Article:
Going retro with e-mail creative
In interactive marketing, form follows function. The best designs are not only aesthetically pleasing, but work within usability guidelines and best practices for maximum optimization in that channel. This is no more apparent than in e-mail, where designers must work within a very strict set of rules and limited technologies.
Couple that fact with the changing landscape of deliverability and you're left with a challenge: deliver your brand promise consistently in e-mail in the face of stricter and often vague spam filters and Internet service provider (ISP) variances. It's scary to think that less than half of your audience is seeing your message rendered as intended - if it's delivered to the inbox - but ignoring these issues now will most certainly doom your future.
I recently worked with a client that used e-mail for years to promote products and services. What worked for them five years ago, much less one year ago, simply did not work now. They found themselves in a situation where their sender reputation was damaged so badly they were literally blocked at every major ISP.
While poor data was the main culprit, content didn't help either. By our analysis, the campaigns averaged a 40 percent probability of being perceived as spam by ISPs. Every call to their servers to display an image in the HTML was hurting them. Lack of interest due to poor rendering was adding to an already high complaint rate.
While researching ways to lower that probability, and thus complaints and bulk folder delivery, I noticed a trend among many client campaigns that may seem obvious in the e-mail industry - text messages almost always experienced a 90 percent or above inbox delivery.
With advances in CSS for e-mail and the ever-increasing expectations of consumers, e-mail design has evolved to include more imagery. The goal was always how to create an impressive design that includes elements such as forms, animation and video, and then allow it to render properly in the inbox. As a former e-mail creative manager, I can attest that we became pretty successful in accomplishing that goal. But is this progress now hurting us?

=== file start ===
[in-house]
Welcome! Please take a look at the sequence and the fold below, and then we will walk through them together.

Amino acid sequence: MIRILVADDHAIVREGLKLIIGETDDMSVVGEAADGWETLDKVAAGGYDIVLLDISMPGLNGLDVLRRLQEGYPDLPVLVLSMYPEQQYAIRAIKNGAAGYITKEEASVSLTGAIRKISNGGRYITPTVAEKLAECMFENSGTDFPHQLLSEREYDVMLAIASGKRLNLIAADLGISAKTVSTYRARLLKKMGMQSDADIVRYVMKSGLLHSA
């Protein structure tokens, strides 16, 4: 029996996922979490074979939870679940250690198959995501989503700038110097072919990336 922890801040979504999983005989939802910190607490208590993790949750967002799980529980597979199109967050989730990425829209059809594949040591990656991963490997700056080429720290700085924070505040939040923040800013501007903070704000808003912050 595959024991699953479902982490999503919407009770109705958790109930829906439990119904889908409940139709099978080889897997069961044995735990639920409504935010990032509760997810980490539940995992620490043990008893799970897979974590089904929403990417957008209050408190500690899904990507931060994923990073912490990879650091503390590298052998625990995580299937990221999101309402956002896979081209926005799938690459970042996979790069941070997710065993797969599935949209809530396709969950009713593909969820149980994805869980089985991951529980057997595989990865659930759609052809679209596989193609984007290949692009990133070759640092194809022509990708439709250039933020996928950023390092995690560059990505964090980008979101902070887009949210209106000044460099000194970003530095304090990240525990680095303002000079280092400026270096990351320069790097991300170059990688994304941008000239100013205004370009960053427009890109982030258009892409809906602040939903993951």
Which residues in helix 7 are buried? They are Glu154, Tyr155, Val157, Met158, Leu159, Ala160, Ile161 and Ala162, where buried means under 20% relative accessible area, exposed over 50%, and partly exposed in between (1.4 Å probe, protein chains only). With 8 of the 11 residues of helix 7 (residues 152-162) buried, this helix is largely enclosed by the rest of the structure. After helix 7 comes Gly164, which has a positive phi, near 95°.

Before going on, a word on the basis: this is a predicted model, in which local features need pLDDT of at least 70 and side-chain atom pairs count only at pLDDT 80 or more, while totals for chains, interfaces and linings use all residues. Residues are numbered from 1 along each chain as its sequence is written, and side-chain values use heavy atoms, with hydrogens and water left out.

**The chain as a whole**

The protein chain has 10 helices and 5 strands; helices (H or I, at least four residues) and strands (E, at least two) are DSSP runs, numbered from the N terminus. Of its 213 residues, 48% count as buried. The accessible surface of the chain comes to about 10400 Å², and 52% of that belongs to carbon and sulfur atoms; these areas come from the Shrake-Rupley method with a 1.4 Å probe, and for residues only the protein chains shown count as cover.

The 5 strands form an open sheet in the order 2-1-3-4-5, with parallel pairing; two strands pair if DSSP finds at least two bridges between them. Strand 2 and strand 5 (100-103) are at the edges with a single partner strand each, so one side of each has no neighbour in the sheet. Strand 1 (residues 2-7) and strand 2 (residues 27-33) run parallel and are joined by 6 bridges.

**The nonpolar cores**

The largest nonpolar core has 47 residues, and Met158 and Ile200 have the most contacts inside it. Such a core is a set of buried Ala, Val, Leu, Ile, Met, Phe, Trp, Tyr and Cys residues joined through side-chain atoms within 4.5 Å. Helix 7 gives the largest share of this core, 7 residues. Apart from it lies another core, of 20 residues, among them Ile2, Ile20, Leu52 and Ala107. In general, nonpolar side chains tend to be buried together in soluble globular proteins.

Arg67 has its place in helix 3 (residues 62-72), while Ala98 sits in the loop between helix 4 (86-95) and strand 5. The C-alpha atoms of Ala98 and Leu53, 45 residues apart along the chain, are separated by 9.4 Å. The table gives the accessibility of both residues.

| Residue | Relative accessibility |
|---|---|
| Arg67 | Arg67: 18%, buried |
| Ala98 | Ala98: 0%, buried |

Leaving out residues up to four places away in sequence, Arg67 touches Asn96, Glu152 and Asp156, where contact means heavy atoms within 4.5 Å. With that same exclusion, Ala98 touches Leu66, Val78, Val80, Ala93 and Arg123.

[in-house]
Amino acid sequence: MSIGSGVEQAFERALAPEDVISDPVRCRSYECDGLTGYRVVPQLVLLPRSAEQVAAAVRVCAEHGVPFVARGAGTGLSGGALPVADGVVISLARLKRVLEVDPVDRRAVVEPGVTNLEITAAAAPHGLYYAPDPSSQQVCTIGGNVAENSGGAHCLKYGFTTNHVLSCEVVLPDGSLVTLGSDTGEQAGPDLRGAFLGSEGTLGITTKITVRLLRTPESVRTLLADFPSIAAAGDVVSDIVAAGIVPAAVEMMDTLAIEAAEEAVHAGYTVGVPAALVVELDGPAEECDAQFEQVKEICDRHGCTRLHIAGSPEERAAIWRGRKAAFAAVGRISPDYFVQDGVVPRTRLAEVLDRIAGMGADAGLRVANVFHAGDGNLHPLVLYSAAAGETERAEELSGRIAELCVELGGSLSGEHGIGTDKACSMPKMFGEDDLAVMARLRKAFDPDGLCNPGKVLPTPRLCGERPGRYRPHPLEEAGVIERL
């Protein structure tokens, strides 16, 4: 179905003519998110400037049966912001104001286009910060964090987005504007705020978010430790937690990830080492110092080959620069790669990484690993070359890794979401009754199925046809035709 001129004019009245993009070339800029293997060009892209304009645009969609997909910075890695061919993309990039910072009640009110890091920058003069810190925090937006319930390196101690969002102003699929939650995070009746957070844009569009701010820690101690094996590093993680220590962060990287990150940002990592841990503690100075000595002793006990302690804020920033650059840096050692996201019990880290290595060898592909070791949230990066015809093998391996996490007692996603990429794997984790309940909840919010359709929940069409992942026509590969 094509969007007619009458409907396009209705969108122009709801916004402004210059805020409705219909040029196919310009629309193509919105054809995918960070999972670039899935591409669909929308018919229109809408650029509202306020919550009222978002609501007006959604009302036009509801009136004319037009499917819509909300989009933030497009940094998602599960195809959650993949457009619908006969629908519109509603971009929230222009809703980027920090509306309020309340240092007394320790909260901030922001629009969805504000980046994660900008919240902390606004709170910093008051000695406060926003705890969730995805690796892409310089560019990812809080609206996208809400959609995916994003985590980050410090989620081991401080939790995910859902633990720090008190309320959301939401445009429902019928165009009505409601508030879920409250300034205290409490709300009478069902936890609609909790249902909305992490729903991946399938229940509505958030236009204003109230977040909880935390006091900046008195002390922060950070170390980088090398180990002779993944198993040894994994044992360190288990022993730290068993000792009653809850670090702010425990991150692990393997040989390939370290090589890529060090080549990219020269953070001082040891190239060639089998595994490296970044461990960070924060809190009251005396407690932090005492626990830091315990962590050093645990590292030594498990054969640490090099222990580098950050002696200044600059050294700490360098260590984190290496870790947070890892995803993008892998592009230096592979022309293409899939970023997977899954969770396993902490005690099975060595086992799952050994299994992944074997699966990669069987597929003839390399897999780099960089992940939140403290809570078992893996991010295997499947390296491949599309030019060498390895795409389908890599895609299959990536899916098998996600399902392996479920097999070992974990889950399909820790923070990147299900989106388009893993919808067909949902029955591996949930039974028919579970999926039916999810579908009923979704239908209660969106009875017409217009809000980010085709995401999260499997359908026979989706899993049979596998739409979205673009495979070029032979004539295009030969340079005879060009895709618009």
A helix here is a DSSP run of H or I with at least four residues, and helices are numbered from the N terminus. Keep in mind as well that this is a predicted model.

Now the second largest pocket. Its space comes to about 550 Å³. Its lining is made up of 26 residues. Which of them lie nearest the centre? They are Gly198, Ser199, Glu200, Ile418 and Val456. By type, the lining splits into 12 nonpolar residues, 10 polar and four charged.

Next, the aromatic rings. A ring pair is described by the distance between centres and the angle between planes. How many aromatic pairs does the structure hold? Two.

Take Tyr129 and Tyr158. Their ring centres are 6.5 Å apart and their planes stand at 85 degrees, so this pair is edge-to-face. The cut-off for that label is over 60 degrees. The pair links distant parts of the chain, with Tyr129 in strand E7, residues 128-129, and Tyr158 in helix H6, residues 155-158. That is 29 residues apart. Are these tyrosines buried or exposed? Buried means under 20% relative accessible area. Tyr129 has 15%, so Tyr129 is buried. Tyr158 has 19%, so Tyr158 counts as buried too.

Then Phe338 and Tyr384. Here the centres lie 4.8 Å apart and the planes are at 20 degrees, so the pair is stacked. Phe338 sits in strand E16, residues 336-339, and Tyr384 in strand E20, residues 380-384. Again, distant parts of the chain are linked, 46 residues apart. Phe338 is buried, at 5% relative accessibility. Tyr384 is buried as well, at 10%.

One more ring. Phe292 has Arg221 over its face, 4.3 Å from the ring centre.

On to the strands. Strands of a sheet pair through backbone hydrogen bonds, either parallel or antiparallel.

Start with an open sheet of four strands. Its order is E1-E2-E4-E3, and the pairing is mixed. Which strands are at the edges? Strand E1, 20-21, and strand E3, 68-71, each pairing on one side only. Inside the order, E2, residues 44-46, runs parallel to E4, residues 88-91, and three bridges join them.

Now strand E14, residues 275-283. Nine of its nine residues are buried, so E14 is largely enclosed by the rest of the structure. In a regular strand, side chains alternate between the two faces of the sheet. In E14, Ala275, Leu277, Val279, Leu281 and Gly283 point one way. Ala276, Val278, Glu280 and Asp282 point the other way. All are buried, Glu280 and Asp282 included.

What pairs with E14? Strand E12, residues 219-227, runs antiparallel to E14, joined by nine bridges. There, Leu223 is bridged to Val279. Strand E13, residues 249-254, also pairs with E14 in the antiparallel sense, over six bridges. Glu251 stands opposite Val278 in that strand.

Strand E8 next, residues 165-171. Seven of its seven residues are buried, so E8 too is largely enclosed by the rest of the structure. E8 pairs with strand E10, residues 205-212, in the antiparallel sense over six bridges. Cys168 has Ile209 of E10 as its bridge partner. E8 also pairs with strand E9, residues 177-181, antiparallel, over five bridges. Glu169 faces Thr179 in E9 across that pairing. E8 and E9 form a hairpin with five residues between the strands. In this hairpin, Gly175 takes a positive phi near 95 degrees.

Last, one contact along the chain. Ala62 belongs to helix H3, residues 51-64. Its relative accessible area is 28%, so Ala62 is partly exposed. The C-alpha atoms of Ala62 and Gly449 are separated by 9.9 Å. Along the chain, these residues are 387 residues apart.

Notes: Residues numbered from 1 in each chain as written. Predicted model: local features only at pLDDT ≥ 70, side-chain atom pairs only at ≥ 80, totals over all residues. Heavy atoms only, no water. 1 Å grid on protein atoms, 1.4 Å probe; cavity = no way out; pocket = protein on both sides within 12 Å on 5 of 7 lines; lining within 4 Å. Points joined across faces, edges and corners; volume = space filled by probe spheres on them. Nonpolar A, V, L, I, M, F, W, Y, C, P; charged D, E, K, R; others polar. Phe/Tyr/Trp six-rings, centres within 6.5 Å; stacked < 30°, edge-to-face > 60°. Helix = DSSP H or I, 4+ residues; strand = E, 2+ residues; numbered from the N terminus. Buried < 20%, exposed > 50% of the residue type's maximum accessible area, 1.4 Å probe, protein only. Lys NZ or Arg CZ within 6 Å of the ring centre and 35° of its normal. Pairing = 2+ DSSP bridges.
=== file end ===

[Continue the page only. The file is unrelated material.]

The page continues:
Perhaps a way to overcome this obstacle is to encourage thoughtful e-mail designers to think retro. By retro, I mean a movement back to the beginnings of e-mail where text dominated and images were kept to an absolute minimum.
Using a retro design does not mean compromising your brand image. A well-placed logo, font coloring, copyright and background colors can adequately communicate brand identity in e-mail.
Applying the retro concept, we recommended our client simplify their e-mail template. In the end, the only image needed was a logo. All other content was in rich-text. The result was a marked improvement in inbox delivery, leading to more opens. Further, once opened, the e-mail did not have formatting problems because of suppressed images and CSS, and that lead directly to increased clicks.
Recipients will appreciate that - even though it's not as flashy as the brand's Web page or TV commercial - the e-mail they view is easy to read quickly. They will understand that it was created to function as best it can in that specific media channel. Sure, some of your e-mail subscribers may have whitelisted you, allowing automatic inbox delivery and image rendering, but are you willing to risk alienating over half of your audience because of a designer's pride?
Andrew Osterday is the solutions director of e-Marketing for Premiere Global Services. Reach him at email@example.com.